For three months I have been looking for a picture I cross stitched 35 years ago. I had gone through boxes and bins in our storage room several times, an exercise that always ended in frustration and anxiousness when it didn’t turn up. John was a good sport and checked boxes in the garage again, even though we were both pretty sure that the picture wasn’t there.
Lasts week I found it—and as you would expect, it was right in front of my nose. I had stored it in one of the upper laundry room cabinets before our move to keep it safe—too safe, apparently.
I found it by accident as we were putting stuff away in the laundry room after the builder finished resizing one of the cabinets in order to make room for our refrigerator—which means we were oblivious to it when we took it out of the cabinet (it was wrapped in clean newsprint). How embarrassing is that?
Here is Chocolate’s companion:
I was new to cross stitching way back then and thought they were so cute. I had visions of them in my first apartment and they have hung in the eating area of every place we have lived since John and I got married. I still enjoy them and would never consider replacing them.
As much as I wanted to hang them, instead, John and I took them apart.
After our experience with John’s grandmother’s needlework, we decided to fix these two and one other—and be done with framing issues.
Sure enough, the same damaging techniques had been used: staples, masking tape and strapping tape.
The framer used masking tape around all four edges of the cross stitch fabric, most likely to keep them from raveling.
Holding the masking tape in place was strapping tape with a killer adhesive—one that did not fully come out after soaking and washing.
Skeptical, I applied some stain remover to the edges and then washed them in a mild dish soap and cool water, followed by lots and lots of rinsing (until the water was clear) to make sure all soap residue was gone.
I refrained from pressing anything because the framer will want to try her magic first. Here’s Chocolate ready to go:
Here’s Ice Cream:
After un-framing Chocolate and Ice Cream, we tackled one last picture: a sampler I stitched 19 years ago which was framed by someone other than the framer I use now. We uncovered more physical damage than expected due to heavy duty staples driven into the fabric, which had a loose weave to begin with:
The sampler was mounted on a piece of foam core which had been covered with a piece of polyester batting.
The batting was stuck to the foam core with spray adhesive, something my framer would never use anywhere near needlework. Instead, she secures the needlework to an acid-free board by lacing it across the back. This is a more labor intensive (and costly) technique, but much better for longevity.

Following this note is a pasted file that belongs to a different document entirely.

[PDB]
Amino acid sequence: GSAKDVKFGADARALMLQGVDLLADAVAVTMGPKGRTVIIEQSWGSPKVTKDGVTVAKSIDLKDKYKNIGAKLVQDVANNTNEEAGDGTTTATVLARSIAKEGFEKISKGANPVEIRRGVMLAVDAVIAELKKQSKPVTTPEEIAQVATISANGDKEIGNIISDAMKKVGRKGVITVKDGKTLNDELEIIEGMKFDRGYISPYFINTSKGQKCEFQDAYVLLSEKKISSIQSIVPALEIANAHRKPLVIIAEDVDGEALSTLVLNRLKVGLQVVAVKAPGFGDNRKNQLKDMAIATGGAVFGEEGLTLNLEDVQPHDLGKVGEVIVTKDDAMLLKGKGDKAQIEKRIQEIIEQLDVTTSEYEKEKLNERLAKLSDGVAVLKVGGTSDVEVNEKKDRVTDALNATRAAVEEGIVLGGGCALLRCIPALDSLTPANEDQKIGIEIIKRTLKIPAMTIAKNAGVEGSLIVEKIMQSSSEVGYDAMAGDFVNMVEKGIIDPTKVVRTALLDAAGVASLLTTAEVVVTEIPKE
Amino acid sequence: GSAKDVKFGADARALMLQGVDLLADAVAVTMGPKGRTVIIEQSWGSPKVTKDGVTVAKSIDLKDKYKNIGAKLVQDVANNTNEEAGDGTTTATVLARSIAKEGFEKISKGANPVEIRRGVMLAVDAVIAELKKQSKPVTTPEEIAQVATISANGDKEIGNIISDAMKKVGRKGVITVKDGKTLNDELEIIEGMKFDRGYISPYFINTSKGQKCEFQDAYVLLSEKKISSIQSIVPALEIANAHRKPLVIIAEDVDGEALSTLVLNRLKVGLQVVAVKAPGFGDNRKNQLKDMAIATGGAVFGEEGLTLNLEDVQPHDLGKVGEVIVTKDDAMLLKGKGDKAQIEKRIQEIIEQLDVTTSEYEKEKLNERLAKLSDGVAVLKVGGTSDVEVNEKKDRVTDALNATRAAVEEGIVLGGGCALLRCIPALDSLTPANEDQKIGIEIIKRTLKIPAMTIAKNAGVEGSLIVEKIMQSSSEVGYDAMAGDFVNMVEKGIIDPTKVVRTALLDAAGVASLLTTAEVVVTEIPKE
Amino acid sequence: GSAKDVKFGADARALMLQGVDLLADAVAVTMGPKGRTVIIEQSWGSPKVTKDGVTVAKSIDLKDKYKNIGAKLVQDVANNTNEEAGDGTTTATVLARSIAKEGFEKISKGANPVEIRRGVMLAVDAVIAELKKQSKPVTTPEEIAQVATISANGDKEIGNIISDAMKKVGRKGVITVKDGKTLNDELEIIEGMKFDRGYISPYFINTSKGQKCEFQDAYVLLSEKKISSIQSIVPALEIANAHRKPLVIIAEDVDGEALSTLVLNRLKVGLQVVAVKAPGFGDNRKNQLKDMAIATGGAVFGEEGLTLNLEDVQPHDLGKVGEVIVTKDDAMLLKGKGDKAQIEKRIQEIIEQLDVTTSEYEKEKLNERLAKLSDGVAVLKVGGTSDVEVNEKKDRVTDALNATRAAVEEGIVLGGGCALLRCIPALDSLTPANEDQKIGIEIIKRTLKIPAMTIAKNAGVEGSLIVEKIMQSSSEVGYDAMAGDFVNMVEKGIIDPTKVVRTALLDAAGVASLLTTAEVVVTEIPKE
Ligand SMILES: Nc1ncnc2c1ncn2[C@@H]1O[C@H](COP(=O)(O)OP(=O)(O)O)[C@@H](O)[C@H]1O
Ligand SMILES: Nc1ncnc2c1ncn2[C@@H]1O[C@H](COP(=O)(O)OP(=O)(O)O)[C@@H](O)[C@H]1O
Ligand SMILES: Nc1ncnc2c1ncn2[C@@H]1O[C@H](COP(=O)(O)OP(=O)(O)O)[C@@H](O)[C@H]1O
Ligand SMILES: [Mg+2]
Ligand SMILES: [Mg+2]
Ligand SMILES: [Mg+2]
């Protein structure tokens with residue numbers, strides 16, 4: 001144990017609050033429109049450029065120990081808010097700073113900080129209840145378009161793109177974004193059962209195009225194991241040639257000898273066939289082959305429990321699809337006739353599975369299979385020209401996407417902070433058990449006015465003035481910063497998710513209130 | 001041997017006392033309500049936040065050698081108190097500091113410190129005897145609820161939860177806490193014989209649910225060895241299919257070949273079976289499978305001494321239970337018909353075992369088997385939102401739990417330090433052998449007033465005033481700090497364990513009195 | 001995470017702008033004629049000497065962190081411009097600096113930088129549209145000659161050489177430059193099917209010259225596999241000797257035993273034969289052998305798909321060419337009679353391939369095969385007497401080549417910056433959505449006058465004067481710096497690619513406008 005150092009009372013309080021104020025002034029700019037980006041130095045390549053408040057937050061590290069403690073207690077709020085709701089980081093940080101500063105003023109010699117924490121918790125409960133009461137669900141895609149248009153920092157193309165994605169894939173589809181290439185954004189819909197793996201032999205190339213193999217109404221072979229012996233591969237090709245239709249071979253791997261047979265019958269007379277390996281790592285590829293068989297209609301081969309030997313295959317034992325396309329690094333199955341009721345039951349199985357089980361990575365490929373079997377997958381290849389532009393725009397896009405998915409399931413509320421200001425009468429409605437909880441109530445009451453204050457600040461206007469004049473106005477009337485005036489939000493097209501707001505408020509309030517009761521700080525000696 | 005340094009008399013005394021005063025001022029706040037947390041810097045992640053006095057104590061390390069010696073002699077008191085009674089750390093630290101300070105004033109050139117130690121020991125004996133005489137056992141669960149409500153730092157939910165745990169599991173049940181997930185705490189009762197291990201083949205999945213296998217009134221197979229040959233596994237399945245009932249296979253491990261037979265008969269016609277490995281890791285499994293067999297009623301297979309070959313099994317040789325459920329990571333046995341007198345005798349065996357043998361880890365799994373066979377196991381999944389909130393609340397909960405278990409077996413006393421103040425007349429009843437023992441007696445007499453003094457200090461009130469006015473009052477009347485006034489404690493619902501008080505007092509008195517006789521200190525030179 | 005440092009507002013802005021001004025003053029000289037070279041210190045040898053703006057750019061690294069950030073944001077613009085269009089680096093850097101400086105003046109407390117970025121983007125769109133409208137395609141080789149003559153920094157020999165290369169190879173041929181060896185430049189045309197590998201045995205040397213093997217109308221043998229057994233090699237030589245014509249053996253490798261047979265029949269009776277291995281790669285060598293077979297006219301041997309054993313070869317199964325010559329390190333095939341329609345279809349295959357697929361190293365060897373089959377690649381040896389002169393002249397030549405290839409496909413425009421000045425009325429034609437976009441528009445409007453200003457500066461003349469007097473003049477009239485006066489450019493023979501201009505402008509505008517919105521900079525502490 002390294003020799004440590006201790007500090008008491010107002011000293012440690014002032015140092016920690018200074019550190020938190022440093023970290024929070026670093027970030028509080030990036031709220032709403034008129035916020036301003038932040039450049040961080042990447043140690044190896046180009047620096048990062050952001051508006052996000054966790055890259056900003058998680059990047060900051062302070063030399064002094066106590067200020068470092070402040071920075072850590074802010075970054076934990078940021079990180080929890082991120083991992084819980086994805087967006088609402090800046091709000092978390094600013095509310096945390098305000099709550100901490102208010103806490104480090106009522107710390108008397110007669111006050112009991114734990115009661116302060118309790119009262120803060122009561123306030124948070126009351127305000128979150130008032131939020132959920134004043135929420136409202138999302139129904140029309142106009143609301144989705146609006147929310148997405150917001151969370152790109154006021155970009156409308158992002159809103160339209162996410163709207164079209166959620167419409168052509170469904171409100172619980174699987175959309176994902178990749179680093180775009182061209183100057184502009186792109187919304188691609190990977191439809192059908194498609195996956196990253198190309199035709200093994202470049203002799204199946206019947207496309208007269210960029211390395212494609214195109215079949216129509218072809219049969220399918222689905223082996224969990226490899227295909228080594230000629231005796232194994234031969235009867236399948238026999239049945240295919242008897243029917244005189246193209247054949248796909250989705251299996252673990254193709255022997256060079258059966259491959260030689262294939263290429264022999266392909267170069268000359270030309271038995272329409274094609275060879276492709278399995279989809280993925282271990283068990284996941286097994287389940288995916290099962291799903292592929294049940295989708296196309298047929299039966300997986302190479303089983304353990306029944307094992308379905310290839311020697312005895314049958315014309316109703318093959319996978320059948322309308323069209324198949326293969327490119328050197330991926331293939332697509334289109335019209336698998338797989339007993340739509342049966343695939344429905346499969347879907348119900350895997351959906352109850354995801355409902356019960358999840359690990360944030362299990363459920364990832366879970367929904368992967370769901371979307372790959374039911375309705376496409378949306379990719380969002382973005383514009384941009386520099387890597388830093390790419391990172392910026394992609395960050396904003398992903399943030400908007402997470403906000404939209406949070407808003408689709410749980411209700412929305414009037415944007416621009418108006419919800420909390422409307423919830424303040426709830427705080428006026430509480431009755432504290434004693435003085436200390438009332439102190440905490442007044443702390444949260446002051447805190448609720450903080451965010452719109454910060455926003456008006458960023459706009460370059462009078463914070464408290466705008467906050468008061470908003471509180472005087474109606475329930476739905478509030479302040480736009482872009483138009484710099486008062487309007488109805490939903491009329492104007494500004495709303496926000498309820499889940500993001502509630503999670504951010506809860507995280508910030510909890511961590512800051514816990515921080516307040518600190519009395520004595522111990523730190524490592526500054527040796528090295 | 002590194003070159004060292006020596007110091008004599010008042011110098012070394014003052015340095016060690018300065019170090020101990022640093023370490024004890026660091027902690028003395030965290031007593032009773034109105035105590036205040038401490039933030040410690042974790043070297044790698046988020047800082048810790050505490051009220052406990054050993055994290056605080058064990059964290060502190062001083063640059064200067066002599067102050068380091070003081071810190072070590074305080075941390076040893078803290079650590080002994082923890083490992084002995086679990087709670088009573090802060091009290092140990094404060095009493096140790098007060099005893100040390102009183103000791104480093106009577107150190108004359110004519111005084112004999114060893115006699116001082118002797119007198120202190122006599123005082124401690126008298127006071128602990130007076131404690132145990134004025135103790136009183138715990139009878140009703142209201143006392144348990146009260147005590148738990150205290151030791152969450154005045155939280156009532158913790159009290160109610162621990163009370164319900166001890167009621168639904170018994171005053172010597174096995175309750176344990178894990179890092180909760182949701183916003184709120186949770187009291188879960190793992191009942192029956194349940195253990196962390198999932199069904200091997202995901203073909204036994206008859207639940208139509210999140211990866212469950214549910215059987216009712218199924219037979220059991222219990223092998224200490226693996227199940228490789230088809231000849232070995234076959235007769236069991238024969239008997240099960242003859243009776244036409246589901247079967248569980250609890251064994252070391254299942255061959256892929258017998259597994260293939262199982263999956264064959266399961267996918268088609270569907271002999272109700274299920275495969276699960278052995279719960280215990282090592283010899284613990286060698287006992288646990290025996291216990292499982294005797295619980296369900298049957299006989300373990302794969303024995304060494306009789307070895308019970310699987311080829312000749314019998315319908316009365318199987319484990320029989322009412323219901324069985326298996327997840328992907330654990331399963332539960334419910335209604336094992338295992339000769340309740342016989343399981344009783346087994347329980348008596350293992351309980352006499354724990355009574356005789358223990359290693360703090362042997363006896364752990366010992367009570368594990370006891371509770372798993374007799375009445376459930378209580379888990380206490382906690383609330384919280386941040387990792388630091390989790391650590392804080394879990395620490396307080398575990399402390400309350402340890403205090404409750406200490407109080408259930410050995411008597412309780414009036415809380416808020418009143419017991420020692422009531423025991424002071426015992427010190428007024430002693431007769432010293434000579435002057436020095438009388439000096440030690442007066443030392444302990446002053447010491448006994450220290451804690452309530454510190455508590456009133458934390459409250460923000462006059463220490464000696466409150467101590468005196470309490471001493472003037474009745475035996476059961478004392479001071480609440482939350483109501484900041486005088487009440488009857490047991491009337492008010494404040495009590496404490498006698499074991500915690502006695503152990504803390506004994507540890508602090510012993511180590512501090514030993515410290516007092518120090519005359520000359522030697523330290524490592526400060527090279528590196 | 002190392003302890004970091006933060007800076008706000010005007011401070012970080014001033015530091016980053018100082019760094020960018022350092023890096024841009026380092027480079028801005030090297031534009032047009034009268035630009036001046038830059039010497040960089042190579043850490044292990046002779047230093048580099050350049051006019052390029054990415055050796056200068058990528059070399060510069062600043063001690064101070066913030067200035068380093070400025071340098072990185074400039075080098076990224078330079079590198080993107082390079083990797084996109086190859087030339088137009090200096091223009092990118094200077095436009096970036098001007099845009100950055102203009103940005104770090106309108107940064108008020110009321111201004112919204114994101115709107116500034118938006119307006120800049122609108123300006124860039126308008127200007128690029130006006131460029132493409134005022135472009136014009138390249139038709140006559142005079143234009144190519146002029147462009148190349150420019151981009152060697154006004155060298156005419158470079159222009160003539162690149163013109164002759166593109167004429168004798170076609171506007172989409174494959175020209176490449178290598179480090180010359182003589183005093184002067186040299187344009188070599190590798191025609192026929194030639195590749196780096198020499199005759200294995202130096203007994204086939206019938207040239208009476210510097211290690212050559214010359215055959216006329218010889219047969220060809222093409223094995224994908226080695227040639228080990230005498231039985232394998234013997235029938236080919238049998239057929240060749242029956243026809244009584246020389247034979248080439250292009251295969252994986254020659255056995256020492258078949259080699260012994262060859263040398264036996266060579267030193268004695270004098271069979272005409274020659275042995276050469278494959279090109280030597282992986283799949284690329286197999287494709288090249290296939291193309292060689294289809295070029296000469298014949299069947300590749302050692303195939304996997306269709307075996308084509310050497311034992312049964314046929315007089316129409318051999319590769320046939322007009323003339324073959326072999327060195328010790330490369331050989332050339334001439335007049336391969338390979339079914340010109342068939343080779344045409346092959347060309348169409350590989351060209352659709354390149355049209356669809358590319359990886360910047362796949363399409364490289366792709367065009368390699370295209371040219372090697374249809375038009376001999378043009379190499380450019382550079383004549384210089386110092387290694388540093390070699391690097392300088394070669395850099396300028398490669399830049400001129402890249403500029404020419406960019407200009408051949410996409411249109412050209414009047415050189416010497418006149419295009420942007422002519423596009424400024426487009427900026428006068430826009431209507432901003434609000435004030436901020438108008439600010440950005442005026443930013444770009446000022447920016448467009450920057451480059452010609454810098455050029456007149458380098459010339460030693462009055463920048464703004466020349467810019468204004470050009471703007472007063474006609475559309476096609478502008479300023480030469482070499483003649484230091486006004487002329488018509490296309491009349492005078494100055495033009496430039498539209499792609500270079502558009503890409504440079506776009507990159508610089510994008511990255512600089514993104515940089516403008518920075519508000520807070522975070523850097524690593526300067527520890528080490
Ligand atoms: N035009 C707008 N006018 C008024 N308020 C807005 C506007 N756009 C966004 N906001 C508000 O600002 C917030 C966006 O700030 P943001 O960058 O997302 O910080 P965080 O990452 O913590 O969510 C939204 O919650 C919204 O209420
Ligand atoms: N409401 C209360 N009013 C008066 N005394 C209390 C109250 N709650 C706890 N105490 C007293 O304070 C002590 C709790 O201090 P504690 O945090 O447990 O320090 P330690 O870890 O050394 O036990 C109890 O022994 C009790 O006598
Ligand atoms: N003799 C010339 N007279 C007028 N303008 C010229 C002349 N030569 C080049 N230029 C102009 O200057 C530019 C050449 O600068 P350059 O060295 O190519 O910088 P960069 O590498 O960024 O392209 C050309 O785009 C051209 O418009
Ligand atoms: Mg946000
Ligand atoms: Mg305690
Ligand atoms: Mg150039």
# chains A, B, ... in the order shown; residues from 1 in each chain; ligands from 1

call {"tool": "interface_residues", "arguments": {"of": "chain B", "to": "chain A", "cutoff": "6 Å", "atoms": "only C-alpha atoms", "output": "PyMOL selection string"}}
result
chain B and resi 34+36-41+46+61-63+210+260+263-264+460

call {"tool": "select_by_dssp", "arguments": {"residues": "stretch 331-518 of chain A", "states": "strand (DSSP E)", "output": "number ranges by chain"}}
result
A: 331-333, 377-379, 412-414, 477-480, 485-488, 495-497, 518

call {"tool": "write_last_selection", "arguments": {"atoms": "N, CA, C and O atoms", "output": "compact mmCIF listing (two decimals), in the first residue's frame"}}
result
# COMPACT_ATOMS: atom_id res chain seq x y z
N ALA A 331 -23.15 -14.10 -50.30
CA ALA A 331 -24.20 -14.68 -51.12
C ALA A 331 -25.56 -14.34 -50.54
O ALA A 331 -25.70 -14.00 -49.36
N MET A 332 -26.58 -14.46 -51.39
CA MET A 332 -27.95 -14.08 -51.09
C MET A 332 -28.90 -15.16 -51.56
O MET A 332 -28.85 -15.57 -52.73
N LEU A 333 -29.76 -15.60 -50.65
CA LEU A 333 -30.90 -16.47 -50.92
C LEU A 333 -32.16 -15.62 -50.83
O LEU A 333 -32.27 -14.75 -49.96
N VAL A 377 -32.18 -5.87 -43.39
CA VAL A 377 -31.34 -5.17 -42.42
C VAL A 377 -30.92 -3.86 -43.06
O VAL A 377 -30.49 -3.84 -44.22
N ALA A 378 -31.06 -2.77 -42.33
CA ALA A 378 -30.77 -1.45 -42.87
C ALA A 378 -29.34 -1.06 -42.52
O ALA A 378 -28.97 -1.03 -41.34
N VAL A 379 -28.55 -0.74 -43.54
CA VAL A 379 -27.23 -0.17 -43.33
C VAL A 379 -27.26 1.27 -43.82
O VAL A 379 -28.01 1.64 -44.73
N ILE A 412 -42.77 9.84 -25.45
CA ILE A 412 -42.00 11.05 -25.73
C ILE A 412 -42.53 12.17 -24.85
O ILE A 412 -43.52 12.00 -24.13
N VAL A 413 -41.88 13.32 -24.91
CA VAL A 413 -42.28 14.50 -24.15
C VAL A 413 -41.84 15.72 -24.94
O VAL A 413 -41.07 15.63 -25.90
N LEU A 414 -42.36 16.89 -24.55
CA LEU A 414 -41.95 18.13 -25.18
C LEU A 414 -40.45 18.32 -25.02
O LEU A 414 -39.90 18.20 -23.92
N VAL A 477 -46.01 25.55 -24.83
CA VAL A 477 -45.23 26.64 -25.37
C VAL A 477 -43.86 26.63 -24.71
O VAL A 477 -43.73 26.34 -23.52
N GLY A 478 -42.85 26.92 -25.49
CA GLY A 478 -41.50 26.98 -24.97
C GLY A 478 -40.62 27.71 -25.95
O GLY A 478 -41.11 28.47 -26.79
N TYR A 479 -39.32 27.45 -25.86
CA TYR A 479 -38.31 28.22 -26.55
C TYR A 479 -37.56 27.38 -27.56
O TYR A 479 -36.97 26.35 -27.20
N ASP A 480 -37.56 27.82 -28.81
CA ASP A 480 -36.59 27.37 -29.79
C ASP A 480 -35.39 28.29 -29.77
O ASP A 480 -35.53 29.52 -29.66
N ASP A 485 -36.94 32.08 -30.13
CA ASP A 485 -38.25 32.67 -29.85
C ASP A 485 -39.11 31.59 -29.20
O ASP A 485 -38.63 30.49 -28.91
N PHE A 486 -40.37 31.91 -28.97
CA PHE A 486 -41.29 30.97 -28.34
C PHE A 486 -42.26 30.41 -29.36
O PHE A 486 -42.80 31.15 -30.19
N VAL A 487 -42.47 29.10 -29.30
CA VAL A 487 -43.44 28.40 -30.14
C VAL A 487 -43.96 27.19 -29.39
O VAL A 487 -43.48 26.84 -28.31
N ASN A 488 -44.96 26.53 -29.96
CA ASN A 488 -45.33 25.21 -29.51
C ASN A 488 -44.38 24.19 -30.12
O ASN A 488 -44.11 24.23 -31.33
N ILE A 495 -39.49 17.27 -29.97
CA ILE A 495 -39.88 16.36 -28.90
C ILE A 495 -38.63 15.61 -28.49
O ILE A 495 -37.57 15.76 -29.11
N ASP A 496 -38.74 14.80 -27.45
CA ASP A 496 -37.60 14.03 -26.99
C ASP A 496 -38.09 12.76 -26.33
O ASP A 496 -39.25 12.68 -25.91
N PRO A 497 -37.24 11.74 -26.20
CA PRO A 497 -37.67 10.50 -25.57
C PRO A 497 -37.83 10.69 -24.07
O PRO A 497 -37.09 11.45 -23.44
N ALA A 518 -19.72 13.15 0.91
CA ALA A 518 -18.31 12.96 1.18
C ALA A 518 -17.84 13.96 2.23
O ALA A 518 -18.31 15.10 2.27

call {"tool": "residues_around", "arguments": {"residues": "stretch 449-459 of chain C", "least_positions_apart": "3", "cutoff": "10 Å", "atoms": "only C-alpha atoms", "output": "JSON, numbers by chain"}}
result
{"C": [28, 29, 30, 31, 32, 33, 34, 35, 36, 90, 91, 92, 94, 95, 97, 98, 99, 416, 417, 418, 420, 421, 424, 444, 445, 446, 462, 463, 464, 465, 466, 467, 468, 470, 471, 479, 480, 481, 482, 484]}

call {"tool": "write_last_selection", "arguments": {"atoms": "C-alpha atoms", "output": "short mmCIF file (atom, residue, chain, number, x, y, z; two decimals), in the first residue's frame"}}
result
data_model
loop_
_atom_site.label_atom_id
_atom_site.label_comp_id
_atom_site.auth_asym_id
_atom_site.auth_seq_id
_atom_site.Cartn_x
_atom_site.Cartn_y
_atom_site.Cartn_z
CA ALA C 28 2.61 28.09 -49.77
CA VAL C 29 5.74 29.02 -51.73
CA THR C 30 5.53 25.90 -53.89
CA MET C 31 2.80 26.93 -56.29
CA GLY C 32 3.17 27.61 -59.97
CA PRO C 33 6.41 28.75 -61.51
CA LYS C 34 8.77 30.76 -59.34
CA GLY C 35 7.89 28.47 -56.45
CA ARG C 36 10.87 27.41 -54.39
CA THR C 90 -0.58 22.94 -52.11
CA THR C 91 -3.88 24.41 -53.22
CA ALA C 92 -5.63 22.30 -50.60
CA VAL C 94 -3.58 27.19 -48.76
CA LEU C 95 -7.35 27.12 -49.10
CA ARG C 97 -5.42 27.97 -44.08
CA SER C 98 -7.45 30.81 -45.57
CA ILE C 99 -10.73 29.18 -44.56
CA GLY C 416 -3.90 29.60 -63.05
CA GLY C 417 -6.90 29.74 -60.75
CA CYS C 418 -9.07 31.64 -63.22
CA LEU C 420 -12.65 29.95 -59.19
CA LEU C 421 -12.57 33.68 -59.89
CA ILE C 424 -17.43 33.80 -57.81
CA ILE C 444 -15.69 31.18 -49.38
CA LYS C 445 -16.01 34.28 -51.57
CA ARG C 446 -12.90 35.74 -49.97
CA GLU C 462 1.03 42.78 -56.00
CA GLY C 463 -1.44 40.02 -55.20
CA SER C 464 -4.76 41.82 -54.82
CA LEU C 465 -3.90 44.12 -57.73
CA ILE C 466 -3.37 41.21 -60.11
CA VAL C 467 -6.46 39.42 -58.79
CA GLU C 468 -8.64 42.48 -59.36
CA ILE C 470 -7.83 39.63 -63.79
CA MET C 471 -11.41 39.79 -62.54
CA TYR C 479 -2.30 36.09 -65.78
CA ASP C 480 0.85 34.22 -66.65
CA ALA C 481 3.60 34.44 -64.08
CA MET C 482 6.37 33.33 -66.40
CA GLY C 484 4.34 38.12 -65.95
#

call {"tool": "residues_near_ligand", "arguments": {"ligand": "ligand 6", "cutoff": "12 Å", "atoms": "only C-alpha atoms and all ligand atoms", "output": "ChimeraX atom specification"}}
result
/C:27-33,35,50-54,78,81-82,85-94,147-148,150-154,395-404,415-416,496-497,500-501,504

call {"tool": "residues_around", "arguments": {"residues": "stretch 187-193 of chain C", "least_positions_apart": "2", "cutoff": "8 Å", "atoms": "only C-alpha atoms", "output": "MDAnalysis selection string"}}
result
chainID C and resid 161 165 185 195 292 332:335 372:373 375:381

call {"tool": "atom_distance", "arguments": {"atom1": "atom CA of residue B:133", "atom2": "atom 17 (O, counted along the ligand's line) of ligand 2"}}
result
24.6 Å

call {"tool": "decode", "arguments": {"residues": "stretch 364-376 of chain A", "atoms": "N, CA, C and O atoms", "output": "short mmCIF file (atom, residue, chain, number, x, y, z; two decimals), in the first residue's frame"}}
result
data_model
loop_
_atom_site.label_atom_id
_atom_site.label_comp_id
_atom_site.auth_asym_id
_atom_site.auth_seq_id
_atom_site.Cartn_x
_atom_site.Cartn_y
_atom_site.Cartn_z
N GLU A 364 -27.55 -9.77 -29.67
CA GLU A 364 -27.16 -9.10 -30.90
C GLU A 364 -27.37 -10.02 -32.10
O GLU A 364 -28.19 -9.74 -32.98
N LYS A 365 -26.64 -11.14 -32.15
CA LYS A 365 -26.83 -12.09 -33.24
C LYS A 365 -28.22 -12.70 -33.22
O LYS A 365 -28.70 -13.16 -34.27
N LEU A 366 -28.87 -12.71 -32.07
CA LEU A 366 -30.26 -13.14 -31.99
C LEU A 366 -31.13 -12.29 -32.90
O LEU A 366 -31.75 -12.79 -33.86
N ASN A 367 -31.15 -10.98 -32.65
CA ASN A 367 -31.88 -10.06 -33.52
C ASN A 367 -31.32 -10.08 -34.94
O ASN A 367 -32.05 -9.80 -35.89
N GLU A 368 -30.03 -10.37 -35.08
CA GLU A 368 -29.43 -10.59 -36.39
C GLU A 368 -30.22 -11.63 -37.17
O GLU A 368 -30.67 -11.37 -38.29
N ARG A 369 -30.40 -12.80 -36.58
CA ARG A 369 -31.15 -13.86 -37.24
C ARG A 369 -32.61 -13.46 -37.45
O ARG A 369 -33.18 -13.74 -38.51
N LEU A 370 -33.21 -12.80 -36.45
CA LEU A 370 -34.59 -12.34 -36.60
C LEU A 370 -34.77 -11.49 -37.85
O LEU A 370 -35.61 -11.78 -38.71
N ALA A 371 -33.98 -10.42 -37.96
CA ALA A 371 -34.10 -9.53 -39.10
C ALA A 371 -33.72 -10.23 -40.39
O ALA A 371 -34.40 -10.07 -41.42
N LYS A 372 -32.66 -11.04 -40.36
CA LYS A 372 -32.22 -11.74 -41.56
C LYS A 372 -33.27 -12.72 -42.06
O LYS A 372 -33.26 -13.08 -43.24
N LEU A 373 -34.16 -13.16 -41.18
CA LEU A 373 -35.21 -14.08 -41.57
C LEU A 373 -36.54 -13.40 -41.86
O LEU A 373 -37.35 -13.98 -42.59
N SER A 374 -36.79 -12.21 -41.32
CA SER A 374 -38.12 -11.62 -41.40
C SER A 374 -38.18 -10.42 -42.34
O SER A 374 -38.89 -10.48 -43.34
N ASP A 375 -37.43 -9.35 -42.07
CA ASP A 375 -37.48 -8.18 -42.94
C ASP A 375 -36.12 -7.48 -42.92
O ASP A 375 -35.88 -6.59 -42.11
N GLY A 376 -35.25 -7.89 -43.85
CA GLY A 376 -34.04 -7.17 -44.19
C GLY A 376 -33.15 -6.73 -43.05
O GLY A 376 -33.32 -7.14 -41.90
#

Framing points were used to hold the board mounted with the sampler inside the frame, and one of them cut a nice sized hole in the fabric:
So much for the tedious hem stitching I did to keep the project from raveling while I worked on it.
The other surprise cropped up when I washed it. The picture doesn’t show the true depth of the color, but the water turned seriously yellow, like someone had peed in it.
Then John came in to show me the glass, which had a nice imprint of the stitched design on it, an indication that no spacers were used to keep the needlework from touching the glass.
Here is the sampler soaking in the washtub. You can see 19 years’ worth of fading here, showing how important it is to select a glass that offers UV protection.
When John saw the yellow water and examined the glass again, he wondered if the framer had starched the sampler. We’ll never know, but it might explain why this piece always looked so faded to me so early on. I always thought it was because of light exposure, but now I’m not so sure.
As bad as all this seems, I take comfort in the framer’s statement to me when she was working on John’s grandmother’s needlework: “I’ve seen worse.”
I’ve been off and on mopey since we had to leave Colorado and move back to Houston, but when stuff like this comes up, I am very grateful to have a reputable framer in my back yard. It will be a comfort to know that when these framing mistakes have been corrected, barring a fire or natural disaster, no more harm can come to these family heirlooms.